Crossposted From Under the Fig Tree
Like the making of history, the writing of history is a collaborative venture. It may look as if ideas are entirely the product of the individual imagination but, as any honest, straight-talking historian will tell you, they are the result of a group effort. The writer-cum-historian gets all the credit but were it not for the efforts of archivists, not much would get done. Keepers of the flame, of the historical record, they are the great unsung heroes of the scholarly enterprise.
They are also among the very first to be fired when the chips are down. When it comes to cutting institutional costs, archivists are widely thought to be the most dispensable. After all, goes the reasoning, they are merely stewards of the past — guardians of paper — rather than vital contributors to the present.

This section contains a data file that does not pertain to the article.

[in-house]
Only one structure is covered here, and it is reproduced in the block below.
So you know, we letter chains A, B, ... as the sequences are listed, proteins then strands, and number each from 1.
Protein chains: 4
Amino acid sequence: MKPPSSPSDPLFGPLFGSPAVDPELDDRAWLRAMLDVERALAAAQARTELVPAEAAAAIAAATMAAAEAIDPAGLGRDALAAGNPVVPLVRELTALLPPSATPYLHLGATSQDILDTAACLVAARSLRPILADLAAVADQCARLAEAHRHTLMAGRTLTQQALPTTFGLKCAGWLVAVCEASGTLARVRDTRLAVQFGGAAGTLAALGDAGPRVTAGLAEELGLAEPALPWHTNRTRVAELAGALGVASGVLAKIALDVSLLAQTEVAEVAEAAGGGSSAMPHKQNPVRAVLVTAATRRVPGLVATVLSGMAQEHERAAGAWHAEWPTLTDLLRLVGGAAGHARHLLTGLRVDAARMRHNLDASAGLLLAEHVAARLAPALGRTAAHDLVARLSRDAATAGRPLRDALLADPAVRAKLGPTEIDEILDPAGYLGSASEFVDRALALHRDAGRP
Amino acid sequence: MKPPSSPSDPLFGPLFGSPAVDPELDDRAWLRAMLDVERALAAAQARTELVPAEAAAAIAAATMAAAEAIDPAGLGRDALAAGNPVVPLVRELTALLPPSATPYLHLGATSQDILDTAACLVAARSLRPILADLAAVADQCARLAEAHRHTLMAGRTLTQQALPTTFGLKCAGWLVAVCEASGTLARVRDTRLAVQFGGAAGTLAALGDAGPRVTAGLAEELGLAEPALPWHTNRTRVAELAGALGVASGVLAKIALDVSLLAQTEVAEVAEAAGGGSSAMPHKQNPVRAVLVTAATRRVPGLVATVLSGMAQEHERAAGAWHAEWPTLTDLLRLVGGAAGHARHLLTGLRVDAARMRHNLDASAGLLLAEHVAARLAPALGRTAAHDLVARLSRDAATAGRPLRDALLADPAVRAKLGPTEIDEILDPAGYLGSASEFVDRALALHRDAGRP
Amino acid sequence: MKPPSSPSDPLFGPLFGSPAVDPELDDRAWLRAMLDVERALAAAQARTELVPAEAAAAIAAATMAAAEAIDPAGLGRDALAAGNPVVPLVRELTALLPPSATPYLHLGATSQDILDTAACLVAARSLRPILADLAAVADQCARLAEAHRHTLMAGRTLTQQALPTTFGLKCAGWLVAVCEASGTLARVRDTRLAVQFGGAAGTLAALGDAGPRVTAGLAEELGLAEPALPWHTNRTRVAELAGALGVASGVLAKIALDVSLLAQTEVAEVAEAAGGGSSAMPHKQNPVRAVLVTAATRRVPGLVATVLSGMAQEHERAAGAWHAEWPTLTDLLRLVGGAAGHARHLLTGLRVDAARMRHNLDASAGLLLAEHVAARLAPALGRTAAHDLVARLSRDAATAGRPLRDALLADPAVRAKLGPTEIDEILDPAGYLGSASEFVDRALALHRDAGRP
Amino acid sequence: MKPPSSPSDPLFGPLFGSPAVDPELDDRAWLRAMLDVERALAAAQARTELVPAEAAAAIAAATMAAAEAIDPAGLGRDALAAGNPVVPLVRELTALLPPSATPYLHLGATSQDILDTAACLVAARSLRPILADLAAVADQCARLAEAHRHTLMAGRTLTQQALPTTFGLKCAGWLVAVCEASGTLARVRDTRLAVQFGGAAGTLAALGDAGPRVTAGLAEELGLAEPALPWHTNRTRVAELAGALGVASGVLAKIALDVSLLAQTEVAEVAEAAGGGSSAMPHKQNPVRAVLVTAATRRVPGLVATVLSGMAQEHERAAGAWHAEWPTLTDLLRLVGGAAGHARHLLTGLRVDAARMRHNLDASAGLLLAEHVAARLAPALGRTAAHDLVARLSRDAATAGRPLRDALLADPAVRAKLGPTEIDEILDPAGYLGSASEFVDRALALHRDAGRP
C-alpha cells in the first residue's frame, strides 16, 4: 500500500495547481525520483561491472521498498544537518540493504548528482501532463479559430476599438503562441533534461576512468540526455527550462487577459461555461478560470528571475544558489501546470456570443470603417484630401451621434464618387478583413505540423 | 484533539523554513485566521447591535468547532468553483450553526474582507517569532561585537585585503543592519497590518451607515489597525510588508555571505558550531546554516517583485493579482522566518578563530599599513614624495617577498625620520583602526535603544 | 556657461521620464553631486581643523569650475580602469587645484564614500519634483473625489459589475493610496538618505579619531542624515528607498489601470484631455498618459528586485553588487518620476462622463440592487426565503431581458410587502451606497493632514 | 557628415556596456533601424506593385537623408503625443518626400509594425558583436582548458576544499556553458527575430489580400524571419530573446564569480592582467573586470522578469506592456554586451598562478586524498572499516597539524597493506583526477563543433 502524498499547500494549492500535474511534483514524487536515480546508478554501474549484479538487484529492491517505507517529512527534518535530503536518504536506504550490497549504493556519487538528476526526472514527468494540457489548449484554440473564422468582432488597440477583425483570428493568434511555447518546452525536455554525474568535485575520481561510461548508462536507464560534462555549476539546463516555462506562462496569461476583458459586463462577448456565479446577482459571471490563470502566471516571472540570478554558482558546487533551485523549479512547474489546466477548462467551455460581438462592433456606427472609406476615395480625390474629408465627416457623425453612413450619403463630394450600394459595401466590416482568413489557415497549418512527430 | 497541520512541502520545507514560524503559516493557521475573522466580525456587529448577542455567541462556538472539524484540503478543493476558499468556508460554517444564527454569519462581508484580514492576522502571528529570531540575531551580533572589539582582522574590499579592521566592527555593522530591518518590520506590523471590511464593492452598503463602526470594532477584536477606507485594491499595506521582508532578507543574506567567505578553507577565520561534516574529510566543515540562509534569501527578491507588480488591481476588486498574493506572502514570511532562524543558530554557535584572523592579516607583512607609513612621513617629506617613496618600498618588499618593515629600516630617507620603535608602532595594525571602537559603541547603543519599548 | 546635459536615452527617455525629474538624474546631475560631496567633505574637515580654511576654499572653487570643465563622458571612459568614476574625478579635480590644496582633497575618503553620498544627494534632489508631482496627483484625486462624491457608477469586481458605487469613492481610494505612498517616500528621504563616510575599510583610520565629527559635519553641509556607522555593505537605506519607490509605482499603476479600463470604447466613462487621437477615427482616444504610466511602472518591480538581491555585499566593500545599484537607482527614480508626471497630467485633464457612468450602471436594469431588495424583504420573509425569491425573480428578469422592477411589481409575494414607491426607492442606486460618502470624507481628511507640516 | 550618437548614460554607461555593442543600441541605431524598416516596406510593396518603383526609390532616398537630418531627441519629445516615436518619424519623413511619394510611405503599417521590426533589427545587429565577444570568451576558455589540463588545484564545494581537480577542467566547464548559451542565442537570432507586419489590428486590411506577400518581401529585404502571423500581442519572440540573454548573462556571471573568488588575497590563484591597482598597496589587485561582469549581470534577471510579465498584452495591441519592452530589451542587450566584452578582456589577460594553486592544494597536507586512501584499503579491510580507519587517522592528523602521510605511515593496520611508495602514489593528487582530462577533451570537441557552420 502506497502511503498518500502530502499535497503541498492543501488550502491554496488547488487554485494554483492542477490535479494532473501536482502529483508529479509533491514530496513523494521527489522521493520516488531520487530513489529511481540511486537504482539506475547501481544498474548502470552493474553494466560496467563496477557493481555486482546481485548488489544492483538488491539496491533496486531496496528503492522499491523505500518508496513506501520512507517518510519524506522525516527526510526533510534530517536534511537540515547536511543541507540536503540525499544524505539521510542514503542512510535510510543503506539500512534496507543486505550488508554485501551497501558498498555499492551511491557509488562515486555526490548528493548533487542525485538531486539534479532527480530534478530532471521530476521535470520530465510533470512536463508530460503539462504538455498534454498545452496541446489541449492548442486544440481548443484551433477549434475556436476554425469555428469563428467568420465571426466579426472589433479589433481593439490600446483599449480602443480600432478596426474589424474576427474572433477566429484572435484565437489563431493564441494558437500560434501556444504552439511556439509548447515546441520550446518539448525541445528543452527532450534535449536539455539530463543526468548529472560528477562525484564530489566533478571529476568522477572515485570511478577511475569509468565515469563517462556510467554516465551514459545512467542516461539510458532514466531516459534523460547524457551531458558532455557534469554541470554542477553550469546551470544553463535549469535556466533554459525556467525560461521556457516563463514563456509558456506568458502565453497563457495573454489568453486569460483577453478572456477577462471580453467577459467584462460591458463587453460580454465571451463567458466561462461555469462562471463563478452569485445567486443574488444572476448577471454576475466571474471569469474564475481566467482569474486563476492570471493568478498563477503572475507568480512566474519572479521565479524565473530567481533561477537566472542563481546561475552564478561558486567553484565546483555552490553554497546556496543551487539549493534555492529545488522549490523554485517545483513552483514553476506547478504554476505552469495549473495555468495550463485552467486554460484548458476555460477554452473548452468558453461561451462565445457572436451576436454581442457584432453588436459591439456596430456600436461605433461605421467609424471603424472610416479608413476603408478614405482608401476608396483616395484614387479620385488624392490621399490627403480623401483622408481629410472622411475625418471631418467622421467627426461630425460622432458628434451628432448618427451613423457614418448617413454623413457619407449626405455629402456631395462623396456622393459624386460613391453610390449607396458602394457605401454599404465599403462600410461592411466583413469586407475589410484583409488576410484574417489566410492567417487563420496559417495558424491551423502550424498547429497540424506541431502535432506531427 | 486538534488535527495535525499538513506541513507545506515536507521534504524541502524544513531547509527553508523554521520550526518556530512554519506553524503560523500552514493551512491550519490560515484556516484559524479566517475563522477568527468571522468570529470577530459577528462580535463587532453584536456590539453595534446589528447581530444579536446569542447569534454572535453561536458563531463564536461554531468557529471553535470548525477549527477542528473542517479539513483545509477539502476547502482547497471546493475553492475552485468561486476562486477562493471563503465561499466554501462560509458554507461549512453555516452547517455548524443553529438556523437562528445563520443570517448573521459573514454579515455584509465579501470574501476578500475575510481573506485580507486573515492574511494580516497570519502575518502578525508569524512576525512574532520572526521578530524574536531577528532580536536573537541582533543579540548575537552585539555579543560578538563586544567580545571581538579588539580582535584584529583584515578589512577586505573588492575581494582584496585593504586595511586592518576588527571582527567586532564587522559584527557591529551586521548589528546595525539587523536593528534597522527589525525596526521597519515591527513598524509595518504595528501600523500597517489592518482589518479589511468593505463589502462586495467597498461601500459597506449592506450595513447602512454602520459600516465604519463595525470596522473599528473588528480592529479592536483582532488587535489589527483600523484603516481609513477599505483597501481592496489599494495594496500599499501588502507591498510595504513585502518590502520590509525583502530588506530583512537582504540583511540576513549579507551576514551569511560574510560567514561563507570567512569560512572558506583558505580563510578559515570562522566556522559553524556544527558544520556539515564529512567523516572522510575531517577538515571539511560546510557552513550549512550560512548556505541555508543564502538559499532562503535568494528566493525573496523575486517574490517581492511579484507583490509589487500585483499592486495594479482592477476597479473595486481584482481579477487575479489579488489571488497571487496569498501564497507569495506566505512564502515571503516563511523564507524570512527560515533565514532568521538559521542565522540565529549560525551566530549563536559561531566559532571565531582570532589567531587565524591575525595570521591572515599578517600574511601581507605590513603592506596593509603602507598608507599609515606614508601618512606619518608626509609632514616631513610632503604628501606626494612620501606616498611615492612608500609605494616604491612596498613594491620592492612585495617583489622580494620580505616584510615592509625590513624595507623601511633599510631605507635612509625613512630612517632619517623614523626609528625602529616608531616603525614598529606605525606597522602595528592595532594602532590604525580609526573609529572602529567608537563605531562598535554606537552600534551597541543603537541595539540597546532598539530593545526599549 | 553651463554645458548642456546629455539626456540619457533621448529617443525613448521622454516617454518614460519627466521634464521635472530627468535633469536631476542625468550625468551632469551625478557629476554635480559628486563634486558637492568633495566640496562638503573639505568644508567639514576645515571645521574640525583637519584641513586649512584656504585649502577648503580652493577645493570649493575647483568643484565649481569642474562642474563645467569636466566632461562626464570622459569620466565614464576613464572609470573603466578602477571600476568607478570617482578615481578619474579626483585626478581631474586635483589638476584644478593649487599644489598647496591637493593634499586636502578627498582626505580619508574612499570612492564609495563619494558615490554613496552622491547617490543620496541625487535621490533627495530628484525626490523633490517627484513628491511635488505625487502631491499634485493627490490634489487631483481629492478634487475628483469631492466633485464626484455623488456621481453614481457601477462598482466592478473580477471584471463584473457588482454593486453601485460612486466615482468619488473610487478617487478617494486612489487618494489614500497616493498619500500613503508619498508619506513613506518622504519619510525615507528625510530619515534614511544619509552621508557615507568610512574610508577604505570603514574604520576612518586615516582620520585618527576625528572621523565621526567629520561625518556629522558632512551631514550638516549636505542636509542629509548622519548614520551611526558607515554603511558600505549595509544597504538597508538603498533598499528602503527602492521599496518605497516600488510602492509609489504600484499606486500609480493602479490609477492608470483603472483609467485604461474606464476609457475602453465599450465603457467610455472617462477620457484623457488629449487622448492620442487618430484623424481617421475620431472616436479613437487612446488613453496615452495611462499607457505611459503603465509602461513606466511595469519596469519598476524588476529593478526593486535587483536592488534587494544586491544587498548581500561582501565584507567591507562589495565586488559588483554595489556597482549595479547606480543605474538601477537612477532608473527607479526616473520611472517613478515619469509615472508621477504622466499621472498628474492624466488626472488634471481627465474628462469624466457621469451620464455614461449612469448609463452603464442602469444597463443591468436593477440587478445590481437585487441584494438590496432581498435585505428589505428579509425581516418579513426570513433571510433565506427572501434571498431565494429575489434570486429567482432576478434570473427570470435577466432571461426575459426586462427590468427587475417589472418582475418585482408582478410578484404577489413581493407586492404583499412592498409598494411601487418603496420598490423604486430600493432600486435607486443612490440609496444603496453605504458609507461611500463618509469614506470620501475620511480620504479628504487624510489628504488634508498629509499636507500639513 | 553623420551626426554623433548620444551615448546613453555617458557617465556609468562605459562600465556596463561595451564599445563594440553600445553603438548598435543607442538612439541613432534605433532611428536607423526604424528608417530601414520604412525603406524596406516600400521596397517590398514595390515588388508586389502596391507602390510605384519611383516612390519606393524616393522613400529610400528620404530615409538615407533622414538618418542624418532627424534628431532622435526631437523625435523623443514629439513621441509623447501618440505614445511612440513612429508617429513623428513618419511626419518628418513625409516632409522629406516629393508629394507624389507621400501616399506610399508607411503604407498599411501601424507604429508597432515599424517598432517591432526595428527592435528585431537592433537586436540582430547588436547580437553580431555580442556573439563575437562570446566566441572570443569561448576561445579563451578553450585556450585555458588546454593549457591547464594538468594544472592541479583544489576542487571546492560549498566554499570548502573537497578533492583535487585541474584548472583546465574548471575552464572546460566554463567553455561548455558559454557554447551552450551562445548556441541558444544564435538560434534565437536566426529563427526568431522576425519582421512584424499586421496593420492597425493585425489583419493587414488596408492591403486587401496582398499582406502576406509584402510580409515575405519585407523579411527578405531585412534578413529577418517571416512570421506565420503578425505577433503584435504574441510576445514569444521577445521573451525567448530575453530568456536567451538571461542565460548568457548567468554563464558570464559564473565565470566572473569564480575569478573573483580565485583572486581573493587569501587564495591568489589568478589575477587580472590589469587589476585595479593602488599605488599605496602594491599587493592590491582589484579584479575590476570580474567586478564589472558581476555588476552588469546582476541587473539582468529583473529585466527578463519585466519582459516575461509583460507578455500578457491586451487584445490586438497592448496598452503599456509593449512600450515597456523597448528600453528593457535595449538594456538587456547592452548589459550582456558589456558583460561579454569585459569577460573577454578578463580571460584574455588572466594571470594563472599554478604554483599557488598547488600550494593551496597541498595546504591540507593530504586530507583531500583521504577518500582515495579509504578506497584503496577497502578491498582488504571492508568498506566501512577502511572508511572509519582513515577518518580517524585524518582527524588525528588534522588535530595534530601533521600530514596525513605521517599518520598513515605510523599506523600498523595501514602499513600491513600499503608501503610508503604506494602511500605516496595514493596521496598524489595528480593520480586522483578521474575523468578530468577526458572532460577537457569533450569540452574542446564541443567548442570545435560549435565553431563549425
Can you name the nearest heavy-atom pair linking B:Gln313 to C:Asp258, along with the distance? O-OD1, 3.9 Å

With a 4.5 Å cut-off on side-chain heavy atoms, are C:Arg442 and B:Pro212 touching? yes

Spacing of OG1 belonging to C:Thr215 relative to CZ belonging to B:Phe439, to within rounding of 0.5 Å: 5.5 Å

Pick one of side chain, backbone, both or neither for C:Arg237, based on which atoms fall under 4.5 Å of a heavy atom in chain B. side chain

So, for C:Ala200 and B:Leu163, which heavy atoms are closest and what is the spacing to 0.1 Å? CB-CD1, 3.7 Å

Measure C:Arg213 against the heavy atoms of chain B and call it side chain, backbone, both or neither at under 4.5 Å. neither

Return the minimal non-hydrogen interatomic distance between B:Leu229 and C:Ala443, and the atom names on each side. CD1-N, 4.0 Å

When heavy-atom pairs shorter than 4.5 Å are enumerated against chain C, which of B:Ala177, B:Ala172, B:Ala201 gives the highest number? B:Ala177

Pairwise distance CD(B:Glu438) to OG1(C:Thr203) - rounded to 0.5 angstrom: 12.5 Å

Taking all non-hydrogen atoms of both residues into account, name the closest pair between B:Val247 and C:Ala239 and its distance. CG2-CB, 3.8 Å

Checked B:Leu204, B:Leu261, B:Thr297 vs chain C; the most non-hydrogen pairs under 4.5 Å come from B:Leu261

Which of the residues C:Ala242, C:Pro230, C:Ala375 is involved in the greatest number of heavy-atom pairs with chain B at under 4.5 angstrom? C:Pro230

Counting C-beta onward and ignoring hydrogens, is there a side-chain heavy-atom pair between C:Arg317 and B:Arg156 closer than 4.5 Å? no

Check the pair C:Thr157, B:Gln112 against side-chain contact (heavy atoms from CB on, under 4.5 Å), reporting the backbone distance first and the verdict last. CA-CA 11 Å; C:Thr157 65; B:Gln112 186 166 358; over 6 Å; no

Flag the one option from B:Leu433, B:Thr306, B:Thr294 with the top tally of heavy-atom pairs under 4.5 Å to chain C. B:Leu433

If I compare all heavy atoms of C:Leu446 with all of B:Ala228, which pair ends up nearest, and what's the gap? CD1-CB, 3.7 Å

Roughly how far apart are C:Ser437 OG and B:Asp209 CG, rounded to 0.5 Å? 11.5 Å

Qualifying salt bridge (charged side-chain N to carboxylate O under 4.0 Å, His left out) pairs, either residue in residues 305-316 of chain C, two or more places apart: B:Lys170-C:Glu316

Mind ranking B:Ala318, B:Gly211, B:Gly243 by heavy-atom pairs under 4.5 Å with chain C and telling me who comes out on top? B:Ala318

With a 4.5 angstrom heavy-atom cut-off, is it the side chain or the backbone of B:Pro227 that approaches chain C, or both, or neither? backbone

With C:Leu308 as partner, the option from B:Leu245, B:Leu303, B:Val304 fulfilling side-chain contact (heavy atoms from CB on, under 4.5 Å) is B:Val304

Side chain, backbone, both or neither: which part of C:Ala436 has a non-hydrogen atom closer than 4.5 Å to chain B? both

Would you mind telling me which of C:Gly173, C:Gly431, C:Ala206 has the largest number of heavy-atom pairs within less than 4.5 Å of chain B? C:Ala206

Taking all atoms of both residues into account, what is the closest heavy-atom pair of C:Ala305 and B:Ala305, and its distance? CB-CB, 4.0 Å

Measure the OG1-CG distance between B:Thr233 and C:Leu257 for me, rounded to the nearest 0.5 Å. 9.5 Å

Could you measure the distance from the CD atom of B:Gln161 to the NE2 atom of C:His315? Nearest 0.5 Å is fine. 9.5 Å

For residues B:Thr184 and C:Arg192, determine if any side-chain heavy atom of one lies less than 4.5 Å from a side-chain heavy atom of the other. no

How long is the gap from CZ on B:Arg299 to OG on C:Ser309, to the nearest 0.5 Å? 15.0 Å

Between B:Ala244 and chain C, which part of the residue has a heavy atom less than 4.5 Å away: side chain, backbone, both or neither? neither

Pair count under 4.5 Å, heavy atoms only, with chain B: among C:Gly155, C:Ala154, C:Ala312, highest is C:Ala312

True, archivists do not generate money for their institutions. But what they do generate — and sustain and nourish — is a vibrant sense of history, without which the broader community is impoverished in ways that go well beyond the contours of a budget.
Hadassah, the Zionist Women’s Organization of America, is currently celebrating its 100th birthday. I can think of no better occasion for trumpeting the virtues of its splendid archives, which has been in existence for quite some time now, and for encouraging researchers to make use of its wealth of reports, scrapbooks, memos, letters and photographs.
But, alas, that’s not to be. Hadassah has dispensed with its smart, resourceful and profoundly committed archivist and all but foreclosed the possibility of discovery, of the artful collaboration between historian and archivist.
We are all the poorer for it.
What Archivists Are Worth